Living with grief

The emotional challenges of a life-changing loss

It can take a long time to comprehend a loss and process our thoughts when someone dies. Shock numbness, guilt, anger and bargaining – wishing you could change things – can all be a part of complex grief emotions that can be difficult to cope with.

There is no time limit to grieving the loss of someone you loved, or how you may feel if a death has triggered an emotional response to difficult experiences connected with the person who has died.

Grief can be life-changing and not something people simply get over. Through the healing process, people can grow around their loss, and this becomes a part of who they are.

What are the mental health symptoms of grief?

Grief can trigger a back-and-forth wave of emotions following the days, weeks months and years after someone’s death. Some people experience delayed or complex grief, when a death triggers distressing memories or unresolved issues to surface.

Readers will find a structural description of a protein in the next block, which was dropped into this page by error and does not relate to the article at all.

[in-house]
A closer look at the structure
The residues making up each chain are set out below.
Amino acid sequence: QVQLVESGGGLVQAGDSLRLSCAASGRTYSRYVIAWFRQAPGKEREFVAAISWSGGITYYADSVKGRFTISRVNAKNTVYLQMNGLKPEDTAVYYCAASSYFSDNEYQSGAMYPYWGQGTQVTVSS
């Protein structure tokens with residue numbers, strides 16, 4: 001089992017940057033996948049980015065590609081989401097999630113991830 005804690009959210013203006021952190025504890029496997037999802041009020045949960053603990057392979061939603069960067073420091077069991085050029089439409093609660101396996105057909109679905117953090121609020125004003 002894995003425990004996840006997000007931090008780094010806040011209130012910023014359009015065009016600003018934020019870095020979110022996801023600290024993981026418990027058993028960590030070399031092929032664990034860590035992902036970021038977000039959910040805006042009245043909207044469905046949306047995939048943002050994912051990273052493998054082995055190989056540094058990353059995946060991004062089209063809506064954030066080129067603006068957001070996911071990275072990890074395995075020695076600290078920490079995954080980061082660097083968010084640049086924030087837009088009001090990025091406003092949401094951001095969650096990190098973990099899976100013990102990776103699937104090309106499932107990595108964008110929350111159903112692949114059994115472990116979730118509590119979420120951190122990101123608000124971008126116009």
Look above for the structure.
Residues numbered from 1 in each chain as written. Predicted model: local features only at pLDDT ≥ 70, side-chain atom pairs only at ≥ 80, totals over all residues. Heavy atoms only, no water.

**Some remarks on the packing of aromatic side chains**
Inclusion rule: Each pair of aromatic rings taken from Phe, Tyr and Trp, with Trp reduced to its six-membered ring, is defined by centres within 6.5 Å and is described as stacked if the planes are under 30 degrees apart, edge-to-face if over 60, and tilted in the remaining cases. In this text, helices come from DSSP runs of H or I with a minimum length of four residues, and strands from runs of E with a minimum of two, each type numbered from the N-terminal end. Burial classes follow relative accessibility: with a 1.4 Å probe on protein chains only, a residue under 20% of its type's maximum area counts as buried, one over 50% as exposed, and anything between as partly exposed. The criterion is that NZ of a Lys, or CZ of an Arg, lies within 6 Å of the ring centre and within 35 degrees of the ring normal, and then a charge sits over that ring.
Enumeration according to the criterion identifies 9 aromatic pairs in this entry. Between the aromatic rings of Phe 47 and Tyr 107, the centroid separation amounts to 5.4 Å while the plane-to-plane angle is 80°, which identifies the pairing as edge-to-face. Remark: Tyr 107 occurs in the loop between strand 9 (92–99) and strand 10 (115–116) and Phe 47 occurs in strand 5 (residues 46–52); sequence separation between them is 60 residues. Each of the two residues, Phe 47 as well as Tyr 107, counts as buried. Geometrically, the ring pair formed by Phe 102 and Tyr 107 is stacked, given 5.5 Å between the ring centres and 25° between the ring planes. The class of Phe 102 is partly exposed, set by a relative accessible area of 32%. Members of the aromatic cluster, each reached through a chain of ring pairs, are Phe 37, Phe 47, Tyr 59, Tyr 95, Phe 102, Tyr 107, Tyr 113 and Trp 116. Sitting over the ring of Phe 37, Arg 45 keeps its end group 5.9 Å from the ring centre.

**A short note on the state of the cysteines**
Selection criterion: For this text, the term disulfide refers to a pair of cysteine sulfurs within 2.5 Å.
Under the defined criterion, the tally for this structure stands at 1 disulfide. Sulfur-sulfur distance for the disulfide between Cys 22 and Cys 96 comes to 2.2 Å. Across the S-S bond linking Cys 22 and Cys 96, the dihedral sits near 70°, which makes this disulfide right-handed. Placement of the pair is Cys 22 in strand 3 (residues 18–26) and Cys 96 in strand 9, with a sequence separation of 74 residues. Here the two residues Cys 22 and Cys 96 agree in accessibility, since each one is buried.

You may find you need help and support a long time after a bereavement, or to identify how a loss from earlier in your life has affected your emotional wellbeing.

If grief affects your ability to carry on and cope with everyday life, work or family, seek advice from your GP, who may prescribe medication or talking therapy to help you through the depression or anxiety that a bereavement can trigger.

Help and support through grief

Sometimes it can be difficult to talk to other people who were close to the person who has died, when they are coping through their own emotional journey. Sometimes it can feel as though too much time has passed, to talk about your feelings.

If you’re struggling after a bereavement or feel alone in your grief, you can turn to us, however long ago the person died.

You don’t need a diagnosis, referral or appointment to access mental wellbeing support, listening and friendship at Make a Difference.